Munson Health
 
Autism

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by Wood D

(Autism Spectrum Disorders; Pervasive Developmental Disorders)

 

Risk Factors

Factors that increase the risk of developing autism include:
The Conditions Above Primarily Affect the Central Nervous System
Central Nervous System
Copyright © Nucleus Medical Media, Inc.
 

Treatment

There is no cure for autism. The severity of symptoms may decrease over the years. Children with autism and their families may benefit from early intervention. Children aged 18-30 months who had high-intensity intervention showed improvements in their IQ, language, and behavior.
Children with autism respond well to a structured, expected schedule. Many children with autism learn to cope with their disabilities. Most need assistance and support throughout their lives. Others are able to work and live independently when they grow up.
Children with autism can benefit from:

Special Education

Programs that meet the child's special needs improve the odds of learning. Children with autism may have trouble with assignments, concentration, and anxiety. Teachers who understand the condition can work with the child's abilities. Programs should use the child's interests. Some children do better in a small-group setting. Others do well in regular classrooms with special support. Vocational training can help prepare young adults for a job.

Therapy Services

Speech, physical, and occupational therapies may improve speech and activities. Children with autism need help developing social skills. Mental health professionals can help a family cope with caring for a child with autism. Counselors help parents learn how to manage behaviors.

Applied Behavioral Analysis

ABA is a type of behavior program. It can be used in school, in a therapy setting, and at home. There are a number of different kinds of ABA programs. Talk to your child's doctor about which one might be helpful for your child.

Medication

There are no drugs to treat autism. Some drugs are used to help manage symptoms. Medicines for anxiety and depression can also help treat obsessive and aggressive behaviors. Your child's doctor may use other medicines to help control other disruptive behaviors.

Other Therapies

There are other treatments available. These include dietary changes and alternative therapies. Talk with your child's doctor first to see if any of these would be helpful for your child.
 

RESOURCES

Autism Spectrum Disorders (ASDs)
Centers for Disease Control and Prevention
http://www.cdc.gov

The Autism Society
http://www.autism-society.org

 

CANADIAN RESOURCES

Autism Canada Foundation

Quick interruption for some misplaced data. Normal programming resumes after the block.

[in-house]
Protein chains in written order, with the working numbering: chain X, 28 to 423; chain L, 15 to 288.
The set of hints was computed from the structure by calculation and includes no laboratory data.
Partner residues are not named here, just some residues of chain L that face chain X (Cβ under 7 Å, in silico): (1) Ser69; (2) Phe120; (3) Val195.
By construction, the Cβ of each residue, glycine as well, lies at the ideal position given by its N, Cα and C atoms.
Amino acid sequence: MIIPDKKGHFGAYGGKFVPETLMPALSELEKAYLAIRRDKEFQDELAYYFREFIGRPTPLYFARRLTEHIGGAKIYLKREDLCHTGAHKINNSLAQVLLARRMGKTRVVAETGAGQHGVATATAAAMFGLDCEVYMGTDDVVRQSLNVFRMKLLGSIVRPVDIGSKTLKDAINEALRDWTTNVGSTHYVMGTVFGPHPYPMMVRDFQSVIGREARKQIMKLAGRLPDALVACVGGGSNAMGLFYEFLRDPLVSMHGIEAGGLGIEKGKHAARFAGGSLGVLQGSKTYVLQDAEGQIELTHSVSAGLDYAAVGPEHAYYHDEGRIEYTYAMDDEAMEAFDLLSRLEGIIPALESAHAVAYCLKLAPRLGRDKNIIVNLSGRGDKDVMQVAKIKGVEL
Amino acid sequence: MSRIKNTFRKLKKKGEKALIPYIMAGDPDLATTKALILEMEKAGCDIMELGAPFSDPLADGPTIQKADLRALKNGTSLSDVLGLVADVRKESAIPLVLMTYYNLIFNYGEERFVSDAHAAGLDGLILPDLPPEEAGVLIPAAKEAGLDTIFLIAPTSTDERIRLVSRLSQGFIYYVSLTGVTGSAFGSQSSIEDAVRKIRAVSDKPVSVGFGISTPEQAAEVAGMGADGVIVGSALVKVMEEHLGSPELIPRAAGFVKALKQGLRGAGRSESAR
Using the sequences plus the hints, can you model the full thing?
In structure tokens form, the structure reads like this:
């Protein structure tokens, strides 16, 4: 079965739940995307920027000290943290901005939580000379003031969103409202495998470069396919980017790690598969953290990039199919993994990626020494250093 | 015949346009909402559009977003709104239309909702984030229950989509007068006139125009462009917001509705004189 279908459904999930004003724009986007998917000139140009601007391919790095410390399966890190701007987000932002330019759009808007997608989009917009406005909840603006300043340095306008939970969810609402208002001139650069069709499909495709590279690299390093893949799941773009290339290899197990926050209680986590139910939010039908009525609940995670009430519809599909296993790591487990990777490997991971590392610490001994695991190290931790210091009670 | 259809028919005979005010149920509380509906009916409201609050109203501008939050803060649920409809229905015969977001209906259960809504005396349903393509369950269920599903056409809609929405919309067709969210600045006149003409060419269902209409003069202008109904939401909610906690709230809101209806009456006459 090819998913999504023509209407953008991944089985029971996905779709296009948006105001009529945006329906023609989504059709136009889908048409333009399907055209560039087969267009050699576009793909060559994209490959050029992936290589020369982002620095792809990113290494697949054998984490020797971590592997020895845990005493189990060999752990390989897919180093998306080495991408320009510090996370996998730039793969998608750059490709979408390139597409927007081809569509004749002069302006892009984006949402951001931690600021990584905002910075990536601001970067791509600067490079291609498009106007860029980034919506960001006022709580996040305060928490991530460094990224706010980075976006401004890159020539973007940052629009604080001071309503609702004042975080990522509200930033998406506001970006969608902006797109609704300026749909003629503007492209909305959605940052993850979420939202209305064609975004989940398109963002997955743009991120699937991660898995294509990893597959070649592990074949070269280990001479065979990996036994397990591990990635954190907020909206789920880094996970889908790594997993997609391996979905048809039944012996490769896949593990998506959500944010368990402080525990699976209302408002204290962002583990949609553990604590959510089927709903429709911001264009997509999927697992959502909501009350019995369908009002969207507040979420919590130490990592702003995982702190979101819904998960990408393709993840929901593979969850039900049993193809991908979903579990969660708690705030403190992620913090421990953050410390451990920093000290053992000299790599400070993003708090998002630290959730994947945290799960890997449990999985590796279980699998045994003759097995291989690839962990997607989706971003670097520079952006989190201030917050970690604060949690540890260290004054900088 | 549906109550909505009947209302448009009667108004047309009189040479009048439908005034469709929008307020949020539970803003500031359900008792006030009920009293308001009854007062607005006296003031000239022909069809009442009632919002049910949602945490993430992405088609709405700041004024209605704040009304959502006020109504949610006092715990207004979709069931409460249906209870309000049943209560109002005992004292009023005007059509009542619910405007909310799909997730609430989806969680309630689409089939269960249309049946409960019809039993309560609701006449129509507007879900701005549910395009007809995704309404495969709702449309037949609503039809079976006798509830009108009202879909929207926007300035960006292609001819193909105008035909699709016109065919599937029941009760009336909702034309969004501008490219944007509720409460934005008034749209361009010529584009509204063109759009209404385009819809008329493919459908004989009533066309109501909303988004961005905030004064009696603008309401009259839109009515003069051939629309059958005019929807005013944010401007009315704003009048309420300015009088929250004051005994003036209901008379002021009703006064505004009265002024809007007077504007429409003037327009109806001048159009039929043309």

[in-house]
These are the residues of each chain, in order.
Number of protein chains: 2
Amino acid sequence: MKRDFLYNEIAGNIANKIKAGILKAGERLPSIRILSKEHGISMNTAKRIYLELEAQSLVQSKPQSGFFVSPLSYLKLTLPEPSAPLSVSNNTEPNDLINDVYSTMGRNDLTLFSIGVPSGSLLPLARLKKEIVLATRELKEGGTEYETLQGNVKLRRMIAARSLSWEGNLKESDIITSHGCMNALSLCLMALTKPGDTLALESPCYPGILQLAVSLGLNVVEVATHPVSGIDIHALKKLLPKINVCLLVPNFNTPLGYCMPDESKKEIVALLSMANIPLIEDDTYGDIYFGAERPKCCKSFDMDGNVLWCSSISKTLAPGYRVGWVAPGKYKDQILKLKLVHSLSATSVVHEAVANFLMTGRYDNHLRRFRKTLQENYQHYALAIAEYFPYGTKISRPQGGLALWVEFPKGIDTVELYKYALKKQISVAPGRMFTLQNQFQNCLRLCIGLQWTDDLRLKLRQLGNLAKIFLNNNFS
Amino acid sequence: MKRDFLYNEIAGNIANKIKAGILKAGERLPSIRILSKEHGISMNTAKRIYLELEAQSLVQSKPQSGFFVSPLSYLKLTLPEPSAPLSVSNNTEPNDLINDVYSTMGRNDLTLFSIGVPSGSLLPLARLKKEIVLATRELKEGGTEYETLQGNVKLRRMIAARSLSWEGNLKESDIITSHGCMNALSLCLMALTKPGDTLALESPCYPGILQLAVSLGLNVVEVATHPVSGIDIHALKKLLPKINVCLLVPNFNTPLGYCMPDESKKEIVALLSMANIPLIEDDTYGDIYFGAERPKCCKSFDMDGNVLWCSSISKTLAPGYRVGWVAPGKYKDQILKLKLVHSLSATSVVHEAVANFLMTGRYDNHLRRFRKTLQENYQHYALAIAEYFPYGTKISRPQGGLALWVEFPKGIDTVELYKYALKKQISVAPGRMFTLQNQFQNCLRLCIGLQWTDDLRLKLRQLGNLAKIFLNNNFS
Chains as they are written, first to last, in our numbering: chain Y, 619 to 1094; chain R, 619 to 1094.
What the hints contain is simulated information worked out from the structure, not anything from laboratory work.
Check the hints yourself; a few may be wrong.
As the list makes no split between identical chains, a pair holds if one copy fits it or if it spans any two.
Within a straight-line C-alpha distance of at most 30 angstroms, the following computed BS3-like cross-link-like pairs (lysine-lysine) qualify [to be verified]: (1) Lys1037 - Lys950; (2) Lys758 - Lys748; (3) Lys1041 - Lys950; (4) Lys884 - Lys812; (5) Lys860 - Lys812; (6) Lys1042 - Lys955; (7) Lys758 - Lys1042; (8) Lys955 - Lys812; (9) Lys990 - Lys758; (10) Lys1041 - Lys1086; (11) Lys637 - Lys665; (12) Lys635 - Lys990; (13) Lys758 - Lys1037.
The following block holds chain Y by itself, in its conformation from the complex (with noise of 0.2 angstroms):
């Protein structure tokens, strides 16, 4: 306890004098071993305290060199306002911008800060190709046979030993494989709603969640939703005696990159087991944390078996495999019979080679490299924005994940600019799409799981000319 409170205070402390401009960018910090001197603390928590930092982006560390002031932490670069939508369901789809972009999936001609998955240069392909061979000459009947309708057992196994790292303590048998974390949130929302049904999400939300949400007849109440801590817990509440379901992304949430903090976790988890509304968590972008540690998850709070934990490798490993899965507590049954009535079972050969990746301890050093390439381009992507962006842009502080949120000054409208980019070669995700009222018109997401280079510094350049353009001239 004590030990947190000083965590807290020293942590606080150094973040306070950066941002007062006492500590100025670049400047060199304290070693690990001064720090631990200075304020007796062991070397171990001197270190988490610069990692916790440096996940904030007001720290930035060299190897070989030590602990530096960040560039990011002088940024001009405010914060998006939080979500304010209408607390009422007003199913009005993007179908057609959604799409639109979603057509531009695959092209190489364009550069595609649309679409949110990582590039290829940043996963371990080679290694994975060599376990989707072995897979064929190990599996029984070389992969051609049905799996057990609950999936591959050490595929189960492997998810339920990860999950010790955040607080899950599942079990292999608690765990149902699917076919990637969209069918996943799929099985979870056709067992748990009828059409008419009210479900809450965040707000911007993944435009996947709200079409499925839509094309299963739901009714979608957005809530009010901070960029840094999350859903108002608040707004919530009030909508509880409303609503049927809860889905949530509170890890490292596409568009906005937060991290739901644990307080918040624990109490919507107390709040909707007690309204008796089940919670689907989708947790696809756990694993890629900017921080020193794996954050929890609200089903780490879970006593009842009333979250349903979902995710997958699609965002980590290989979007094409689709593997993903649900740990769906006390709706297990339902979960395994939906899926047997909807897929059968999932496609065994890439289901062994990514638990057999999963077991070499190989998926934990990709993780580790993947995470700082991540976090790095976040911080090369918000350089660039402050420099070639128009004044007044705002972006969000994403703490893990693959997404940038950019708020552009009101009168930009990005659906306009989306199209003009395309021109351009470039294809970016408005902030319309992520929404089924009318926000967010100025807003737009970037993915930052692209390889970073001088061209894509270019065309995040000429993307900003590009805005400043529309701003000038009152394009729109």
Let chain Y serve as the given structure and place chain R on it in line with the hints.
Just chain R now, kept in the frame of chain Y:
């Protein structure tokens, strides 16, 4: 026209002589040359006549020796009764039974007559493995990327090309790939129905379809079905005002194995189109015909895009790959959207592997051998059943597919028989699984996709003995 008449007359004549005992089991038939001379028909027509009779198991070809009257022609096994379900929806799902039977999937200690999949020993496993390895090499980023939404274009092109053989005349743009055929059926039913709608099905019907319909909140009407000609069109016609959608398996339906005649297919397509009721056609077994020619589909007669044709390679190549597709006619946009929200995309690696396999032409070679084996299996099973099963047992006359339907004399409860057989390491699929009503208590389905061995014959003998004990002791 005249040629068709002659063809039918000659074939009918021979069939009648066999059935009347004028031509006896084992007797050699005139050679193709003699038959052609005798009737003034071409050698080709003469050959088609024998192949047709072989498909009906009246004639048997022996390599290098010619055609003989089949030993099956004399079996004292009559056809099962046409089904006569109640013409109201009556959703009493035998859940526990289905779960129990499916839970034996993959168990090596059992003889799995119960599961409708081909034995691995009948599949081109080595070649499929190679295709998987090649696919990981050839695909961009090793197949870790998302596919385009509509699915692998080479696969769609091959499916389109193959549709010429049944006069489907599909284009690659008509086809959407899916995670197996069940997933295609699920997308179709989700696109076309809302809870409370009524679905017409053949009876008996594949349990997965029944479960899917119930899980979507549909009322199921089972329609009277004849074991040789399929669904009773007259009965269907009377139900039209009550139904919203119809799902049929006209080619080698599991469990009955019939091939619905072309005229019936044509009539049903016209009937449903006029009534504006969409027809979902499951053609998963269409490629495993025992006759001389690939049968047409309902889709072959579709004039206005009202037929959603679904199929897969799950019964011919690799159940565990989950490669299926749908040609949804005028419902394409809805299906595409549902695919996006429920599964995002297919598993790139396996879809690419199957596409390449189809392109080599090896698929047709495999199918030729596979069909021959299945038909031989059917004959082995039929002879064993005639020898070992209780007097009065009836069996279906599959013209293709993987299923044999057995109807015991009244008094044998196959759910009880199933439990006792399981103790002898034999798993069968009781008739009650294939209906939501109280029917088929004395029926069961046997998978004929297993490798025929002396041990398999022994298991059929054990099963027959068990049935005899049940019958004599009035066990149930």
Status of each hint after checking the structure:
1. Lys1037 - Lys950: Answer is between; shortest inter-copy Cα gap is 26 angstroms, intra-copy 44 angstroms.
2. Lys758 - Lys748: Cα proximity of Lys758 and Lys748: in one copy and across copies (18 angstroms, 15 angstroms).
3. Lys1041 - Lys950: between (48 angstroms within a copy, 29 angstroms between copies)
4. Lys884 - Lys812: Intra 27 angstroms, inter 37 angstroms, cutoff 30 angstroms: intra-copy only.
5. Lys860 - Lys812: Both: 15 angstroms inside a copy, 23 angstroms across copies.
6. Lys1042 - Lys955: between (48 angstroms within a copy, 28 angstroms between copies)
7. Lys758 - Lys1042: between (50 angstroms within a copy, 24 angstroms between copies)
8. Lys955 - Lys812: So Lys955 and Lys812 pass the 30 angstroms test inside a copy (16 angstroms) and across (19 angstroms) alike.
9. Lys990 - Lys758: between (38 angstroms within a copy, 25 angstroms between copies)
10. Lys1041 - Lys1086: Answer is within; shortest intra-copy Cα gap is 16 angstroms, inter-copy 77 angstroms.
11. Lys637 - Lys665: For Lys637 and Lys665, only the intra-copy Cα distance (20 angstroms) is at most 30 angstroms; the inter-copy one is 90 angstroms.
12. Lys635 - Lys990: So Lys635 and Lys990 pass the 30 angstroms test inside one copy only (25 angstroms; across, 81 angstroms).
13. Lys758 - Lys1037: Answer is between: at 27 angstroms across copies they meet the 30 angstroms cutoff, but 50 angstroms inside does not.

http://www.autismcanada.org

Autism Society Canada
http://www.autismsocietycanada.ca

 

References


Autism 101: a free online course. The Autism Society website. Available at: http://support.autism-society.org/site/PageServer?pagename=about%5Fcourse. Accessed May 14, 2013.


Autism fact sheet. National Institute of Neurological Disorders and Stroke website. Available at: http://www.ninds.nih.gov/disorders/autism/detail%5Fautism.htm. Updated May 7, 2013. Accessed May 14, 2013.


Autism spectrum disorders. EBSCO DynaMed website. Available at: http://www.ebscohost.com/dynamed. Updated May 6, 2013. Accessed May 14, 2013.


Autism spectrum disorders (ASDs). Centers for Disease Control and Prevention website. Available at: http://www.cdc.gov/ncbddd/autism/index.html. Updated August 7, 2012. Accessed May 14, 2013.


Autism spectrum disorders (pervasive developmental disorders). National Institute of Mental Health website. Available at: http://www.nimh.nih.gov/health/topics/autism-spectrum-disorders-pervasive-developmental-disorders/index.shtml. Updated May 14, 2013. Accessed May 14, 2013.


Dawson G, Rogers S, Munson J, et al. Randomized, controlled trial of an intervention for toddlers with autism: the early start Denver model. Pediatrics. 2009 Nov 30.


Rapin I. An 8-year-old boy with autism. JAMA. 2001;285:1749-1757.


Sykes NH, Lamb JA. Autism the quest for genes. Expert Rev Mol Med. 2007;9:1-15.


10/30/2009 DynaMed's Systematic Literature Surveillance http://www.ebscohost.com/dynamed: Ibrahim S, Voigt R, Katusic S, Weaver A, Barbaresi W. Incidence of gastrointestinal symptoms in children with autism: a population-based study. Pediatrics. 2009;124(2):680.


12/31/2009 DynaMed's Systematic Literature Surveillance http://www.ebscohost.com/dynamed: Rice C. Prevalence of autism spectrum disorders—Autism and Developmental Disabilities Monitoring Network, United States, 2006. MMWR Surveill Summ. 2009;58(SS10):1.


11/11/2013 DynaMed's Systematic Literature Surveillance http://www.ebscohost.com/dynamed: Chaidez V, Hansen RL, et al. Gastrointestinal problems in children with autism, developmental delays, or typical development. J Autism Dev Disord. 2013 Nov 6.


5/12/2014 DynaMed's Systematic Literature Surveillance http://www.ebscohost.com/dynamed: MacDonald M, Lord C, et al. The relationship of motor skills and social communicative skills in school-aged children with autism spectrum disorder. APAQ. 2013 July. 30, 271-282. Available at: http://journals.humankinetics.com/AcuCustom/Sitename/Documents/DocumentItem/04MacDonald.pdf. Accessed May 12, 2014.

 

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